Wednesday, April 6, 2011

This Is Madness! No, This Is Sparta!

In early 1942, a magazine called Illinois High School Athlete was published to inform its readers about the annual high school basketball tournament. Inside that particular issue, educator, member of the Illinois High School Association, and editor of the magazine, Henry Van Arsdale Porter had a poem published, which he entitled "Basketball Ides of March." In this poem, Porter described the insanity of the Illinois high school basketball tournament that included over 900 schools, all playing for one championship. The last few lines of this poem contain the beginnings of a very famous phrase we hear at this time every year.

Now eagles fly and heroes die
Beneath some foreign arch
Let their sons tread where hate is dead
In a happy Madness of March.

As one can see, Porter is credited with originating the phrase "March Madness." Through the years (and a lawsuit brought by the IHSA), the term has come to refer to the Division I college basketball tournament held every March. 

While a 900-team tournament sounds like the epitome of madness, Mr. Porter never saw lunacy like what happened in the Gilpin family during the third month of 2011. To say that the past month has been eventful would be something of a gross understatement. Then, to say that it was all done with an infant in tow would exhaust anyone. Years from now, I have a feeling, I will remember this month as the true "Madness of March."

Planes, Trains, and Automobiles
The first event wasn't experienced by Kellee, Brody, or me, but it is mentioned here, because it contributed to the Madness. My brother, Kirk, found out earlier in the year that he had been hired by the Norfolk Southern Company. We were, and are, so excited for him. He had been looking for a job for over a year, and this was a welcomed sight. He went to Atlanta to interview for a management position, then waited for several weeks before receiving the call welcoming him to the team.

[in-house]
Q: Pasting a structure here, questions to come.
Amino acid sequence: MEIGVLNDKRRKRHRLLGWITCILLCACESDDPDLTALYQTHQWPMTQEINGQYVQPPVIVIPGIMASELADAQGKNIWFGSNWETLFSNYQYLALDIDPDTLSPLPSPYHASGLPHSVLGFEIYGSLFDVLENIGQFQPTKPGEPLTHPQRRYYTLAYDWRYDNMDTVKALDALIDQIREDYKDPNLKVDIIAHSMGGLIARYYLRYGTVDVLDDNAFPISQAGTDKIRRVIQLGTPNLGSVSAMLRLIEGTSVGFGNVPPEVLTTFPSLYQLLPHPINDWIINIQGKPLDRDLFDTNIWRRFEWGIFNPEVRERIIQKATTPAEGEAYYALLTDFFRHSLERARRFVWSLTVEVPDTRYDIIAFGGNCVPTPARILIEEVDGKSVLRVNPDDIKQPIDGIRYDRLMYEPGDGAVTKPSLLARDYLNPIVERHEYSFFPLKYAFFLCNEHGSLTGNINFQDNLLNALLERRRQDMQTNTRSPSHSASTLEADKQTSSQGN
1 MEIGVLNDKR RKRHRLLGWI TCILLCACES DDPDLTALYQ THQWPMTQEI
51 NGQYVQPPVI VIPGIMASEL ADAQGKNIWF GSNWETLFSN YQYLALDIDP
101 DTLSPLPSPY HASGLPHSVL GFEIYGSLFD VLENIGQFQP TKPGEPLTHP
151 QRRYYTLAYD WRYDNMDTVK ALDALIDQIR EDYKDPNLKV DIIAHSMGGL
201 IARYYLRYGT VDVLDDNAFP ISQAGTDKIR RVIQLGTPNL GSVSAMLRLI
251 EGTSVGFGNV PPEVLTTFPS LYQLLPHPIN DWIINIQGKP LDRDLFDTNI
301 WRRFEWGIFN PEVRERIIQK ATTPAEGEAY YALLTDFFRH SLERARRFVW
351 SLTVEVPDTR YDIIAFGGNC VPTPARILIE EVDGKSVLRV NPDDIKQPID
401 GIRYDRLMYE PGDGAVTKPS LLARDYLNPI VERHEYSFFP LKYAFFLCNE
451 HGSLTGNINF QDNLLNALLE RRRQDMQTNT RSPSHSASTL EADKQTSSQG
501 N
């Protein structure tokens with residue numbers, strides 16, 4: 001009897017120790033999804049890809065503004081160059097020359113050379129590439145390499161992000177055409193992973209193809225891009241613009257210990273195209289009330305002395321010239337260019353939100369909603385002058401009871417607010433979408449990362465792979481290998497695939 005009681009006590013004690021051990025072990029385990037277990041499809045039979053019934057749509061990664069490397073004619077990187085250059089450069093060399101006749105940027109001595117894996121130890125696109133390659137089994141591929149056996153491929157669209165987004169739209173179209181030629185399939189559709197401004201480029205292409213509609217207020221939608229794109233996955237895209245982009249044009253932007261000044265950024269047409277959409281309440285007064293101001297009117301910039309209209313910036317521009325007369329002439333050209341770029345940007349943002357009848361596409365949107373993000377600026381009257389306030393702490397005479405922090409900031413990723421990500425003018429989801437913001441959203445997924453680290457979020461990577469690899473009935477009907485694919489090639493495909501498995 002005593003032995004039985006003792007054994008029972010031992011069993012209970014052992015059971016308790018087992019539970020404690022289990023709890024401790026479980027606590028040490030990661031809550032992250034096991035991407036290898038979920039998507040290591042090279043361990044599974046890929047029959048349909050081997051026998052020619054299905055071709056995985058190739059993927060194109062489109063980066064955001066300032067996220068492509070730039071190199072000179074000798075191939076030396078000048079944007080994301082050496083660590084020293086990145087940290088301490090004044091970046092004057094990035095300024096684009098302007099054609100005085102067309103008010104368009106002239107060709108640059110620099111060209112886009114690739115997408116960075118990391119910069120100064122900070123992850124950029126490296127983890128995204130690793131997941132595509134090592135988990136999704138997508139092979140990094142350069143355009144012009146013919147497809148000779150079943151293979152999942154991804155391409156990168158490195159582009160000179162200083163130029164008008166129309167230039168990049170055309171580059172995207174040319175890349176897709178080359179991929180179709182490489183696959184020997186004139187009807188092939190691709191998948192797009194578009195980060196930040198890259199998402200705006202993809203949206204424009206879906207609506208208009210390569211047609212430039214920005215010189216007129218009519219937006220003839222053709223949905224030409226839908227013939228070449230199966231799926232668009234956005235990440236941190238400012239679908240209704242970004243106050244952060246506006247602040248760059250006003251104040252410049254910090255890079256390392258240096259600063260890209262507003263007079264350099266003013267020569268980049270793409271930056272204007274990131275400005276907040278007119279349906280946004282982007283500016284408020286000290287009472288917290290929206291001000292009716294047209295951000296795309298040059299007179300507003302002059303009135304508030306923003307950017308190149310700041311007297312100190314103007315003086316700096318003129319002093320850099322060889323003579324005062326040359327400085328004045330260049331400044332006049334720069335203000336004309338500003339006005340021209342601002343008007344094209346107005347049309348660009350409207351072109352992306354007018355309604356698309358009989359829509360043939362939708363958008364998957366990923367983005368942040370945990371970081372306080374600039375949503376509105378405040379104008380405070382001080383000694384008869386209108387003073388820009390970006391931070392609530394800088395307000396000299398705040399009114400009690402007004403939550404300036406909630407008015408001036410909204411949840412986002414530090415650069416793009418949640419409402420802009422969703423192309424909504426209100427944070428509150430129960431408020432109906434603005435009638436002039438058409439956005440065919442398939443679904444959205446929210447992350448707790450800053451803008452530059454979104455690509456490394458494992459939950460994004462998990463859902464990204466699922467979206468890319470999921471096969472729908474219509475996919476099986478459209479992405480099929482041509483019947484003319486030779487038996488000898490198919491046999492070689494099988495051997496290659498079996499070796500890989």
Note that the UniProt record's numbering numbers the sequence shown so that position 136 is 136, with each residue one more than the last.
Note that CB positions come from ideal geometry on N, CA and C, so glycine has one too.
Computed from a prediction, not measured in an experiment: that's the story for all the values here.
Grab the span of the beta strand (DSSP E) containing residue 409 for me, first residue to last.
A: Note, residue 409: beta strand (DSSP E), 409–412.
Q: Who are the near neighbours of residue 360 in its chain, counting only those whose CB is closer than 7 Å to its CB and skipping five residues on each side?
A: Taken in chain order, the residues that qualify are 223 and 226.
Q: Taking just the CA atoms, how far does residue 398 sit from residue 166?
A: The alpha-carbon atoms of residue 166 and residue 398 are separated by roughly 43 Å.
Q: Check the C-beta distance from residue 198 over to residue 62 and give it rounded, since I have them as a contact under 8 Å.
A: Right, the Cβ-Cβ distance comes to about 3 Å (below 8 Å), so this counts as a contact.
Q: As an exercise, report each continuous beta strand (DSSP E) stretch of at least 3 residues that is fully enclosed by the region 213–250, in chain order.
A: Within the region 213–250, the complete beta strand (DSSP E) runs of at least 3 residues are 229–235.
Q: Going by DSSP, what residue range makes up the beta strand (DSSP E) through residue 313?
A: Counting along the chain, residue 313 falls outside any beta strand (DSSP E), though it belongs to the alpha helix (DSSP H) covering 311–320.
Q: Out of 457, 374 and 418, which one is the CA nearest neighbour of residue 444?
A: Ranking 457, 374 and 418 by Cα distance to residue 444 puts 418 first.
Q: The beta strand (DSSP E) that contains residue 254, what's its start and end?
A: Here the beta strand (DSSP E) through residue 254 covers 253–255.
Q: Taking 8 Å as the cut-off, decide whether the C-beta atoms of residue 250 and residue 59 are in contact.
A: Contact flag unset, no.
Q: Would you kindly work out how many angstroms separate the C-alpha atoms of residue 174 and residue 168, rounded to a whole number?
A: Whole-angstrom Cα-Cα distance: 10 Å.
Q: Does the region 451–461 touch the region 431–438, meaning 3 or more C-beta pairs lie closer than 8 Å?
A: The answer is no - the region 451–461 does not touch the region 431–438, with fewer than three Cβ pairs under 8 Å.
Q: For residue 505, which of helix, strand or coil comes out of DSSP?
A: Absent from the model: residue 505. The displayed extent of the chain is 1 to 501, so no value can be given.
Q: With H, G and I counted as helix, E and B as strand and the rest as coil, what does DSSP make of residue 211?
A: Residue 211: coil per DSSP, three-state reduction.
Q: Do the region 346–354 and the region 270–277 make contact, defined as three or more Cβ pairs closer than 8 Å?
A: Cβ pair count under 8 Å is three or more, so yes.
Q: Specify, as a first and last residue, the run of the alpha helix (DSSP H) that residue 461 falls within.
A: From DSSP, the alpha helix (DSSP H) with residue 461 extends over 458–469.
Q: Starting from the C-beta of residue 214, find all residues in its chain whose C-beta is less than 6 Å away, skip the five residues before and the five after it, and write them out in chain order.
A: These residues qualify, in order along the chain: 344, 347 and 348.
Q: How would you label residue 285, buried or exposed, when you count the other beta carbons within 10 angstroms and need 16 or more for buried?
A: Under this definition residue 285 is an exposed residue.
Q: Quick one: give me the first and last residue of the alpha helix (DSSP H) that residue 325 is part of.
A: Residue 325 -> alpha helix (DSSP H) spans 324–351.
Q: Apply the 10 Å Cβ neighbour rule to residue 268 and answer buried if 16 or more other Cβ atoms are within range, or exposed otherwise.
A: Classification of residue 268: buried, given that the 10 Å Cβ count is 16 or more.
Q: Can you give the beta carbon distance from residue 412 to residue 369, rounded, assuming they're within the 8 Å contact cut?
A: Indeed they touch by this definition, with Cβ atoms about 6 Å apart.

Continuing a small theme of understatements, I will say that he was excited. The madness ensued when he was told some of the places he would be training: Norfolk, Virginia for a few weeks, then a trip to Atlanta for a while. This wasn't to mention the places he may have to travel to "just because" they need him there. He was told that after a year he would be living and working in St. Louis, MO. For him, it appears the Madness is only beginning.

The Place That Launched A Thousand Ships
Earlier this year, my grandmother called to tell me that she, my grandfather, and my 5 year old cousin, Abby, would be going to "The Cabin." This cabin is located in Helen, GA, and is one that they own and rent to those wanting to visit the Bavarian-themed Alpine Village. When it isn't being rented (or really, whenever they want to) they will travel from their home in Gulf Shores, AL, and stay for a few days. It is great, and convenient, that Helen is only a couple of hours away from our home, in Cleveland, TN.

We traveled to Helen and made it just in time for dinner, which was Gulf shrimp chowder, green bean casserole, and grape salad. (The menu items aren't important, but they did serve as a reprieve from the Madness.) The next day we all went to downtown Helen: a quaint town with lots of small shops, beautiful architecture, and the Chattahoochee River (of Alan Jackson fame) running right through it.

We had a great time, spending a few days with my grandparents (Brody's great-grandparents) and my cousin, who took every opportunity to inform Brody that he was now the baby of the family. Just keeping up with her was Madness, in its own right. She would dance around the room, try on several different changes of clothes, show Brody how to crawl, and nudge her way in between my grandmother and Brody. While doing this last one, the following conversation occurred.